Germany Stealth Aircraft Technology In World War II

Germany Stealth Aircraft Technology In World War II

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Historians still disagree with each other about the title of this stealth aircraft, There is a named Horten IX, Horten Ho IX, Gotha Go 229, Horten Ho-229. If for me personally, calling Horten Ho IX or IX is more inclined to the type of development (glider made Horten Horten previously named I, II, III … and so on). Official production version of its own (which is made by the aircraft manufacturer Gotha) was named Go 229, and instead of Ho 229.
germany stealth aircraft Germany Stealth Aircraft Technology In World War II
Two brothers Walter and REIMAR Horten is the pioneer in the manufacture of aircraft wings with no tail, and has built a row of planes ‘screen’ without a beautifully-shaped machine with a stunning performance in 1936 s / d 1940, which was followed by an example with equipped with two booster engines. Their experience in making large-winged aircraft that can fly is something magical in those days, and is the only one in the world.

In 1943 Walter Horten expressed interest to build a high-speed aircraft are made of … wood! Reports from the development of DFS 194 (later renamed Messerschmitt Me 163) which led Professor Walter Lippisch increasingly convinced that even the plane of the timber can carry a jet engine or a rocket and then fly. In 1943 he proposed his idea to the Commander of the Luftwaffe Hermann Göring Reichsmarschall, and without much fuss projects are approved.

Horten IX V1 first prototype was built based on a design, then the same test flight of the V1, a second prototype was developed directly as well. V2 is powered by two turbojets. The design is a mixture of various types of aircraft foregoing, the machine is used instead of the BMW 003 and Jumo 004 as originally planned. Large front wheel which is a cheat sheet of tail wheel aircraft Heinkel He 177, while the main landing gear equipment “borrowed” from the Messerschmitt Bf 109 G.

The inaugural flight in Oranienburg, February 2, 1945.

Horten 021 Germany Stealth Aircraft Technology In World War II

Erwin Ziller.setelah Pilot examiners are successful in testing the first who, then, who conducted the third trial, on takeoff the left engine is off and the plane lost speed and can not be controlled. Erwin Ziller was killed when the plane hit the ground and dived prototype destroyed.
Erwin Ziller at its first test on the aircraft Horten

 

dr2e Germany Stealth Aircraft Technology In World War II

The project still continues with all the energy left. Prototype components that still exist immediately moved to Gothaer Wagonfabrik (Gotha), which was in Friedrichsrode. In March 1945 the project focused on the third prototype, dubbed the Go 229 V3. V3 is larger than either of its predecessors, and its shape has been further refined in several places, which are intended to be a model for pre-production series aircraft Go 229 A-0 which had been ordered by the Luftwaffe as many as 20 pieces. V3 powered by Jumo 004C engines, and can carry two 30mm MK108 cannon at the base of the wings.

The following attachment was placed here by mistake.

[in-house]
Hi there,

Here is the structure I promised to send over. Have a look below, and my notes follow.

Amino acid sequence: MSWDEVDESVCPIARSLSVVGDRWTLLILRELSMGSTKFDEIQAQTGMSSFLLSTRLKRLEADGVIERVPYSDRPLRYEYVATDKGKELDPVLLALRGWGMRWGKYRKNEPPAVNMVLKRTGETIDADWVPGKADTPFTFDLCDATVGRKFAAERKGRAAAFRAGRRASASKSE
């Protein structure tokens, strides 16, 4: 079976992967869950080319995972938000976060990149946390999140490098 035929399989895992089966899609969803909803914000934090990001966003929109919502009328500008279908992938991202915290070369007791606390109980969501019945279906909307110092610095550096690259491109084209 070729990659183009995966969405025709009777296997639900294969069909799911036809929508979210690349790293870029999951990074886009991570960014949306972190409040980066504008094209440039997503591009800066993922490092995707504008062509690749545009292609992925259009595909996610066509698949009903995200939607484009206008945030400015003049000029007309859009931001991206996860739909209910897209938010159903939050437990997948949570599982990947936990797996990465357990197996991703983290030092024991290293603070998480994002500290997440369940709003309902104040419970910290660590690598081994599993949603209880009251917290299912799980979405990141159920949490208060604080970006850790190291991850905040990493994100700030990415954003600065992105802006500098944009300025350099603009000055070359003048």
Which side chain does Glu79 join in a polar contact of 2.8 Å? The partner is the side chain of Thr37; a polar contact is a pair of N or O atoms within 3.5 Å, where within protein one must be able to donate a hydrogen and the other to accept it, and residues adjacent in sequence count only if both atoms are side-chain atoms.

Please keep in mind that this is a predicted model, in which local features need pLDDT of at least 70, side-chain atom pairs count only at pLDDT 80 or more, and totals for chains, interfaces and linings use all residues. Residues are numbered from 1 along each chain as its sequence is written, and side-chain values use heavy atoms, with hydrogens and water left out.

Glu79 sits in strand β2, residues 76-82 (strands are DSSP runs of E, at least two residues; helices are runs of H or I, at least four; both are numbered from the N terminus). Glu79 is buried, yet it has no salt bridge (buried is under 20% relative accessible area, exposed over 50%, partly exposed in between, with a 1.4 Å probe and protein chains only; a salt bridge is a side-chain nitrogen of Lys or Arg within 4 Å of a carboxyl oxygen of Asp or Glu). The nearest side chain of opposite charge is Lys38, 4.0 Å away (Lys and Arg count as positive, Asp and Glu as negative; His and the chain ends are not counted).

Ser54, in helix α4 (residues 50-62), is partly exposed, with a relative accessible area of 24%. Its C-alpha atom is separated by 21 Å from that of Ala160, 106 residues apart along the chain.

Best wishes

But everything has been late for the Luftwaffe. American troops occupied the Gotha plant on April 14, 1945 and found a windfall: a prototype V3 is 90% completed and not yet flown. Four more aircraft are Go 229 V4, V5, V6 and V7 are present as well, with several stages of completion. V4 and V5 is the prototype with two seats and is planned as a night fighter version.

Of course the Americans do not squander this invention, and immediately carried off the V3 back to his country. The scientists there can only be dazed already witnessed so far progress has been achieved by rivals from Germany. More fierce, the V3 can still be seen to this day, precisely at NASM’s Paul E. Garber Restoration, Preservation & Storage Facility located in Silver Hill, Maryland.
This is a reply Horten aircraft seized in the U.S. and developed country, a B2 bomber
stealth b2 bomber Germany Stealth Aircraft Technology In World War II
B-2 imitation of the Horten HO-229

detail hoix 09 Germany Stealth Aircraft Technology In World War II

Horten Ho 229 V3 stored at the Smithsonian Institution’s Garber Restoration Facility

HortenHo229 unloading Germany Stealth Aircraft Technology In World War II

General characteristics Horten Ho 229A (V3)
* Crew: 1 Crew: 1
* Length: 7:47 m (24 ft 6 in) Length: 7:47 m (24 ft 6 in)
* Wingspan: 16.76 m (55 ft 0 in) Wingspan: 16.76 m (55 ft 0 in)
* Height: 2.81 m (9 ft 2 in) Height: 2.81 m (9 ft 2 in)
* Wing area: 50.20 m² (540.35 ft ²) Wing area: 50.20 m² (540.35 ft ²)
* Empty weight: 4.600 kg (10.141 lb) Empty weight: 4600 kg (10,141 pounds)
* Loaded weight: 6.912 kg (15.238 lb) Loaded Weight: 6912 kg (15,238 pounds)
* Max takeoff weight: 8.100 kg (17.857 lb) Maximum takeoff weight: 8100 kg (17,857 pounds)
* Powerplant: 2 × Junkers Jumo 004 B turbojets, 8.7 kN (1.956 lbf) each powerplant: 2 × Junkers Jumo 004 B turbojets, 8.7 kN (1956 lbf) each

Performance Performance Horten Ho 229A (V3)
* Maximum speed: 977km / h Maximum speed: 977km / h
* Service ceiling: 16.000 m (52.000 ft) Service ceiling: 16,000 m (52,000 ft)
* Rate of climb: 22 m / s (4.330 ft / min) Rate of climb: 22 m / s (4330 ft / min)
* Wing loading: 137.7 kg / m² (28.2 lb / ft ²) Wing loading: 137.7 kg / m² (28.2 lb / ft ²)
* Thrust / weight: 0.26 Thrust / weight: 0.26

Armament Horten Ho 229A (V3)
* Guns: 4 × 30 mm MK 108 cannon Weapons: 4 × 30 mm MK 108 cannon
* Rockets: Rockets rockets R4M: R4M rocket
* Bombs: 2 × 500 kg (1,100 lb) bombs Bombs: 2 × 500 kg (1,100 lb) bomb

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